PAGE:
NJDOE News
Contact: Bob DeSando
For Release: April 19, 2000

Commissioner Hespe Orders REACH Charter High School to Cease Operations

Citing the school's inability to resolve a growing number of serious fiscal and programmatic problems, Commissioner of Education David C. Hespe has revoked the charter of the REACH Charter High School in Egg Harbor Township.

The school, which opened in Atlantic County in September 1999 and was approved to serve 300 students in grades 9 through 11, was directed to cease operations immediately and transfer student records to receiving districts by April 20. The school was scheduled to begin its spring break tomorrow. Most students reside in the Atlantic City, Pleasantville and Greater Egg Harbor Regional High School and Egg Harbor Township school districts.

"Our primary concern is that the educational continuity of the students enrolled in the charter school is preserved," Hespe said. "We will work with the REACH school and resident districts to ensure a smooth and swift transition."

The REACH Charter High School has been on probation since December 3, 1999. Its initial 90-day probation period was for programmatic, fiscal and facility deficiencies.

The commissioner said the charter school has incurred a significant debt, making it fiscally insolvent, and it is now experiencing a loss of certified staff. "There is no reasonable prospect that you will be able to correct the deficiencies," Hespe wrote in a letter delivered yesterday to Martin Brown, the chairman of the school's board of trustees. "I am therefore left with no alternative than to revoke the charter for the REACH Charter High School. It is in the best interest of the students to effectuate the revocation of the charter immediately."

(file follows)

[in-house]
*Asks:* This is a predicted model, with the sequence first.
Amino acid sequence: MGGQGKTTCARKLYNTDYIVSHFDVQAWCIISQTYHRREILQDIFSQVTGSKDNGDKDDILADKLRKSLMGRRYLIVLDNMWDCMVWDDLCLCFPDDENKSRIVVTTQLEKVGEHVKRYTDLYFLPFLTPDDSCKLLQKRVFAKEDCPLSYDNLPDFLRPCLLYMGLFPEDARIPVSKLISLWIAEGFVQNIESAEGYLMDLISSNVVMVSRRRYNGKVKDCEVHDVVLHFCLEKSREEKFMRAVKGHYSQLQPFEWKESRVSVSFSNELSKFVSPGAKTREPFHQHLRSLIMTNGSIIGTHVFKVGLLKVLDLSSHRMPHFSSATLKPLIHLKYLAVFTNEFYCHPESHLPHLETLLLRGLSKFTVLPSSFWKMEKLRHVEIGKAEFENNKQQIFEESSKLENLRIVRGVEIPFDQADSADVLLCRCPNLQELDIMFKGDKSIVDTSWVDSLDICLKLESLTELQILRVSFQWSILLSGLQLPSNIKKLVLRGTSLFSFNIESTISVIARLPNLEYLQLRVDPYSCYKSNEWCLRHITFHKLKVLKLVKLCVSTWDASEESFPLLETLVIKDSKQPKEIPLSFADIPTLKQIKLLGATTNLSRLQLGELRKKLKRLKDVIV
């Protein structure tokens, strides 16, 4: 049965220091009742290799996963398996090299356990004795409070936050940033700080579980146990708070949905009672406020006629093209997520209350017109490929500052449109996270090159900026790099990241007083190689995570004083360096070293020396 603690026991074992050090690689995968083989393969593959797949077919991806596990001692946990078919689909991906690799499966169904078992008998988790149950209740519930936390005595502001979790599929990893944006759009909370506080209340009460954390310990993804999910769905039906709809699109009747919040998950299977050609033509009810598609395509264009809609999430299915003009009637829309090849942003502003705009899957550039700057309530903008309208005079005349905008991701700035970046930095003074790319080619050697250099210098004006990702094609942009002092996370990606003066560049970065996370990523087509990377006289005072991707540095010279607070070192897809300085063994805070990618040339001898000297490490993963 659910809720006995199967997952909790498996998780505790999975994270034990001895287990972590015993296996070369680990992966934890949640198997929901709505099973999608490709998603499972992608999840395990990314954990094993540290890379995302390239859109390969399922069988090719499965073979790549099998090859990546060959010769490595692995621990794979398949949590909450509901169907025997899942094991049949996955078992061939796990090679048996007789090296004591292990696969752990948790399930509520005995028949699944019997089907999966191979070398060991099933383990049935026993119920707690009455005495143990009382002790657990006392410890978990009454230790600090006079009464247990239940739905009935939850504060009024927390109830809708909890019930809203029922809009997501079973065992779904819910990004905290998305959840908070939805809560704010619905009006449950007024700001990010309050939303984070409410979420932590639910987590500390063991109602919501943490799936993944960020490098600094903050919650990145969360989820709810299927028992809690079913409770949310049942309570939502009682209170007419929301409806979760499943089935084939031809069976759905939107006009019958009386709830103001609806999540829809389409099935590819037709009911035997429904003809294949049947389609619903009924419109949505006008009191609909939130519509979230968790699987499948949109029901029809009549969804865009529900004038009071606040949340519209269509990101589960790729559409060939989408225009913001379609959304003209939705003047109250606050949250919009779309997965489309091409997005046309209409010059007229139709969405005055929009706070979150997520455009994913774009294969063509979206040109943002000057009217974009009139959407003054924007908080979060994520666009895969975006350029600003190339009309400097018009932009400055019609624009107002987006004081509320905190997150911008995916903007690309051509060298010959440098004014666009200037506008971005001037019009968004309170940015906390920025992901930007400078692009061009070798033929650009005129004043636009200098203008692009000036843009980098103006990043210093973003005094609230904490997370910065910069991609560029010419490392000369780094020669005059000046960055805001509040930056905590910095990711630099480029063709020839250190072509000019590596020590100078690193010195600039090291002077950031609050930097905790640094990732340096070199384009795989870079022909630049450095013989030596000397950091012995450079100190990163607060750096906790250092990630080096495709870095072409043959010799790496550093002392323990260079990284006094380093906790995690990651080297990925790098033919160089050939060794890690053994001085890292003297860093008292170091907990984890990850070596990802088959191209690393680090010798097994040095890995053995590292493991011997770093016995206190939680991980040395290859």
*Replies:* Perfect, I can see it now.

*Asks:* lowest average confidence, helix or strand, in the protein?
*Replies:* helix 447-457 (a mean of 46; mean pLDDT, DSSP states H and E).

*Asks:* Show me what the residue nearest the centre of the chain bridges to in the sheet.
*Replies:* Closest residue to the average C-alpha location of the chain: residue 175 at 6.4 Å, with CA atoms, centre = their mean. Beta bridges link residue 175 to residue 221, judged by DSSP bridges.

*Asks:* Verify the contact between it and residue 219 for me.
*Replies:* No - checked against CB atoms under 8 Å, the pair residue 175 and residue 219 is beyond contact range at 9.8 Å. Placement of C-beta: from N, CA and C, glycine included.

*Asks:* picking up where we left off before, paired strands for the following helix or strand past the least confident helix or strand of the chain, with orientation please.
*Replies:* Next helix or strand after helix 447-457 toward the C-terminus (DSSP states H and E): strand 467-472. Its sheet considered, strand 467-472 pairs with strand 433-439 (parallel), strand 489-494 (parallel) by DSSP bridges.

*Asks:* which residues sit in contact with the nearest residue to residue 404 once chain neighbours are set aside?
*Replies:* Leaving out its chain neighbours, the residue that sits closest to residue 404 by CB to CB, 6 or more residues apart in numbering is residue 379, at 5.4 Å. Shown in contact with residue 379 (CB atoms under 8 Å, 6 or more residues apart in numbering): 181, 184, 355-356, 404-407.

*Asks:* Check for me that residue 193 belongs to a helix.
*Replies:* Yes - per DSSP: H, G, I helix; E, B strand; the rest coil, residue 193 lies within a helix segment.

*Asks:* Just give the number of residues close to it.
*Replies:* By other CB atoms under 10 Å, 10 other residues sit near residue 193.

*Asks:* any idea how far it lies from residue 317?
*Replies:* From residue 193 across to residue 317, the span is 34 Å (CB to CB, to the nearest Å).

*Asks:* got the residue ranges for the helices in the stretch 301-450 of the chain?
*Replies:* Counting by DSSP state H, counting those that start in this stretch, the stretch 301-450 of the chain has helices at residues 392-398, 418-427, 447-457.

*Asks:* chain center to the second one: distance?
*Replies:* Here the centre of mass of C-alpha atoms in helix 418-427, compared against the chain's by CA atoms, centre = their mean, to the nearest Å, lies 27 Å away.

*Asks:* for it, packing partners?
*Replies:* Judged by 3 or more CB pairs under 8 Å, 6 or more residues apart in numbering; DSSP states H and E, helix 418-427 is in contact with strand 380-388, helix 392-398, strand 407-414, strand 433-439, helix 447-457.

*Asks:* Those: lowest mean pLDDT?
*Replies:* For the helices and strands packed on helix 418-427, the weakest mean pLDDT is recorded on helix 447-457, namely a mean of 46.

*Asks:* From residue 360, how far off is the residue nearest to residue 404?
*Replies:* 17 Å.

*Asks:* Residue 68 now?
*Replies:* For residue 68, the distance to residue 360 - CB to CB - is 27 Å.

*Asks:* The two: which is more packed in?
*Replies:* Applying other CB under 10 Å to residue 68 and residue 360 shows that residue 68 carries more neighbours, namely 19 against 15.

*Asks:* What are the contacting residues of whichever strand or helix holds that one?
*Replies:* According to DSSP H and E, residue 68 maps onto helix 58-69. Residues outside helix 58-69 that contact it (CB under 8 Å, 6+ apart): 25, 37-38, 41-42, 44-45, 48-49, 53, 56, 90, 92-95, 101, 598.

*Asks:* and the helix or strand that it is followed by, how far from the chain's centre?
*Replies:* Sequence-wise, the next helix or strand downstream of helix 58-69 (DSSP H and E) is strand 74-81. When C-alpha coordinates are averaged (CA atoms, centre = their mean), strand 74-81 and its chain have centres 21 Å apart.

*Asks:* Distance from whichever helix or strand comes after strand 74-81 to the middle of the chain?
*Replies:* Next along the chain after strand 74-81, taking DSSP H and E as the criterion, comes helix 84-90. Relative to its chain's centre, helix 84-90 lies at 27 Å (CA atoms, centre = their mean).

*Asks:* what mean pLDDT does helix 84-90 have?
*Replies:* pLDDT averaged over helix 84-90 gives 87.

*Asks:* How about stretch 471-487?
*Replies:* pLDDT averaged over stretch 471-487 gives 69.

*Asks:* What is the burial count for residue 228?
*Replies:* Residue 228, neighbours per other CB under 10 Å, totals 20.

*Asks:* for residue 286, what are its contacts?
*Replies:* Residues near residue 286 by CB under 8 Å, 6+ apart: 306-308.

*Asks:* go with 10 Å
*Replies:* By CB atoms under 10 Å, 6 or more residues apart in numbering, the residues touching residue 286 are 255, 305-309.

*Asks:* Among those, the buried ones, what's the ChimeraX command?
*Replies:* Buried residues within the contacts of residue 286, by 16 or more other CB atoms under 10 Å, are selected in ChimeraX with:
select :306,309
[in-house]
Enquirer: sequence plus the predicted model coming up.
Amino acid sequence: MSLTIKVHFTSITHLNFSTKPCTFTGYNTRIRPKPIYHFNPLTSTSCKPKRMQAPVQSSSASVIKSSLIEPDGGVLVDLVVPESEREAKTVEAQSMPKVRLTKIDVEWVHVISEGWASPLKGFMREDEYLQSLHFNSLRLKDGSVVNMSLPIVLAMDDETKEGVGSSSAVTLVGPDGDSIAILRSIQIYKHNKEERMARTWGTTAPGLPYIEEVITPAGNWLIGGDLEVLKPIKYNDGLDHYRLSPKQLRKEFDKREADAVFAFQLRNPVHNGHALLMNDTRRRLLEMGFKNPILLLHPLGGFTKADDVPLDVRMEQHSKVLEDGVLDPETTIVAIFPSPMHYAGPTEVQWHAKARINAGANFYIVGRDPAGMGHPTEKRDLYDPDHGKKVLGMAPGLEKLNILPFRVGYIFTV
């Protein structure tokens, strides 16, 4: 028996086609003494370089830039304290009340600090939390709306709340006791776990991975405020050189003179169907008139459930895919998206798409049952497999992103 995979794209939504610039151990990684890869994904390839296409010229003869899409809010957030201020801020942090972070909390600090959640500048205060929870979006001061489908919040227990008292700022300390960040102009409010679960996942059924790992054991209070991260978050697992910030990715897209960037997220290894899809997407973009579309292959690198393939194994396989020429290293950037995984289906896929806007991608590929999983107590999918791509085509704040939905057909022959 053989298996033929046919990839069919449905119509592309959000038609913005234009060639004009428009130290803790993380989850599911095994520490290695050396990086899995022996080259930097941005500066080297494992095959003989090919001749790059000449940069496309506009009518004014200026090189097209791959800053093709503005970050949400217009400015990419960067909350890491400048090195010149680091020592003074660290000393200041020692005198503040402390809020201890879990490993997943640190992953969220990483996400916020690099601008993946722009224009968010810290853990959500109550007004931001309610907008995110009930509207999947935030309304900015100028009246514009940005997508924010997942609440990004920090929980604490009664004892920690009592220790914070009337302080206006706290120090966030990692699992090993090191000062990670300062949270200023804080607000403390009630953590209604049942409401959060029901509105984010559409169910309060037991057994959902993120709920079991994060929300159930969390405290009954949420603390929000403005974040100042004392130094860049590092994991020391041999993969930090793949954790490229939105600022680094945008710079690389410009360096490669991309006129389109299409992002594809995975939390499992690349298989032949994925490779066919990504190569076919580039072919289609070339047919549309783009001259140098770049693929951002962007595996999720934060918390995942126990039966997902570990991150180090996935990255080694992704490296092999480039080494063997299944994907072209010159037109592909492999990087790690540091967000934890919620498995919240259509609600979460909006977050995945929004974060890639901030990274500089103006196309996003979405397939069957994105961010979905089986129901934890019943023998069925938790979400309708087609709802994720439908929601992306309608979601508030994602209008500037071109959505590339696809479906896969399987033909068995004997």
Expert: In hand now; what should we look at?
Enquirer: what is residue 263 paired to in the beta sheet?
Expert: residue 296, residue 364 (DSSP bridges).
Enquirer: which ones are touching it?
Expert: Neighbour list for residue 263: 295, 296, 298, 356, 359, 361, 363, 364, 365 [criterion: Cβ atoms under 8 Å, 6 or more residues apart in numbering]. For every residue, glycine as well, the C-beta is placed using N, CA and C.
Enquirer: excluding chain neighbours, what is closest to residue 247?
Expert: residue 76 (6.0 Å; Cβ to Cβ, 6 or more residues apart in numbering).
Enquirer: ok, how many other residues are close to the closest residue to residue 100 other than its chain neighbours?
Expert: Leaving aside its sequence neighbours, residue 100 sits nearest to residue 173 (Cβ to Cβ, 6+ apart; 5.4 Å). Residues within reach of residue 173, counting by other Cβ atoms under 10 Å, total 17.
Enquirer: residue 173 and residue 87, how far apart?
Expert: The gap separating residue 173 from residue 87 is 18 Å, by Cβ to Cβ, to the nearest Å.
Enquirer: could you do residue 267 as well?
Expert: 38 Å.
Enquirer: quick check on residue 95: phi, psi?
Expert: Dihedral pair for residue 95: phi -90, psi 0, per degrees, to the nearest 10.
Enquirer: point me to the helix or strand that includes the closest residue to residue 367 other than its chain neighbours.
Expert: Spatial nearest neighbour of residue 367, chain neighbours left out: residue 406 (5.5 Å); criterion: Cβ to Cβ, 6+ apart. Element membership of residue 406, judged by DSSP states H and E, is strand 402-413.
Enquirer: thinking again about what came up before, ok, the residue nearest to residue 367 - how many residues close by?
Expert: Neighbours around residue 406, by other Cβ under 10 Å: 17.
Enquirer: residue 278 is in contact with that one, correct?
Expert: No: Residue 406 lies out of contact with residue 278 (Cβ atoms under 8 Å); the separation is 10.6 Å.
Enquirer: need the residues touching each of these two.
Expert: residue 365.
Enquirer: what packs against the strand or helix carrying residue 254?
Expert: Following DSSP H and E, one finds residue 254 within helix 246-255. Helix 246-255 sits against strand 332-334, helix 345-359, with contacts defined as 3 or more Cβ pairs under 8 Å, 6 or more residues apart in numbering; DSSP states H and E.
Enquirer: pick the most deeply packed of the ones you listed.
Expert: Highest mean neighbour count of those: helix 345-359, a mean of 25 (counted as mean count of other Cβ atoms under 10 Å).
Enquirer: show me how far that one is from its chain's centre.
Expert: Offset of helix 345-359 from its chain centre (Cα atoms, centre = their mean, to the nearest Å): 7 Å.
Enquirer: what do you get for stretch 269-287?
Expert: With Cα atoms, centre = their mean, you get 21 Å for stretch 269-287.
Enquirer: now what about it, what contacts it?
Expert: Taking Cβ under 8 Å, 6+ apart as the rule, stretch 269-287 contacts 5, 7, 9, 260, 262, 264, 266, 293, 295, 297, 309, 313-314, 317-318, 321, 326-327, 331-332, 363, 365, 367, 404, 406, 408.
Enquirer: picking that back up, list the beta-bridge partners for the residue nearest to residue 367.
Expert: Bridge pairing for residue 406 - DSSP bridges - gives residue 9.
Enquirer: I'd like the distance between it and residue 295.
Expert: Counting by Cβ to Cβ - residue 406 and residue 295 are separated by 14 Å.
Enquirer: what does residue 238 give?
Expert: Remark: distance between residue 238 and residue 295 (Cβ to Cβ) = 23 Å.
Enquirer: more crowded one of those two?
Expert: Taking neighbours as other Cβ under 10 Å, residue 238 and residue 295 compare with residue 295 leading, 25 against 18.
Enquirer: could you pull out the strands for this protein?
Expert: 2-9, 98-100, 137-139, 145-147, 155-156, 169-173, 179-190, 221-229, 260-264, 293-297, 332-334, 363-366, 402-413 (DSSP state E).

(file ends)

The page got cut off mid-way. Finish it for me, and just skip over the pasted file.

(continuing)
Among the unresolved deficiencies cited by the commissioner in his letter to the board chairman were:

  • Services are not being provided to special education students in accordance with their Individualized Educational Programs.
  • Students are not receiving 150 minutes of health and physical education instruction per week.
  • The composition of the board of trustees is not consistent with the approved charter and the school's bylaws because it lacks a treasurer.
  • Student records, including attendance records, have not been properly maintained.
  • Student discipline policies have not been fully developed and implemented.
  • The school has failed to fully itemize, verify and audit expenditures and present them to the board of trustees for approval.
  • The school has failed to make requisite filings to ensure enrollment of employees in the pension system and social security fund for the 1999-2000 school year.

Prior deficiencies identified by the department at the school included using uncertified teachers, having an insufficient number of mentors for teachers and enrolling students in unapproved grade levels.

Hespe described the closing of the REACH Charter High School as an action that is not taken lightly. It is the first charter school in New Jersey to have its charter revoked.

"The revocation of this charter must be considered in the larger context," the commissioner said. "The charter school movement is exceptionally strong and successful in New Jersey. The goal of New Jersey's charter school law is to create and sustain high quality charter schools. An action such as this must be taken to ensure the integrity of the entire charter school movement."

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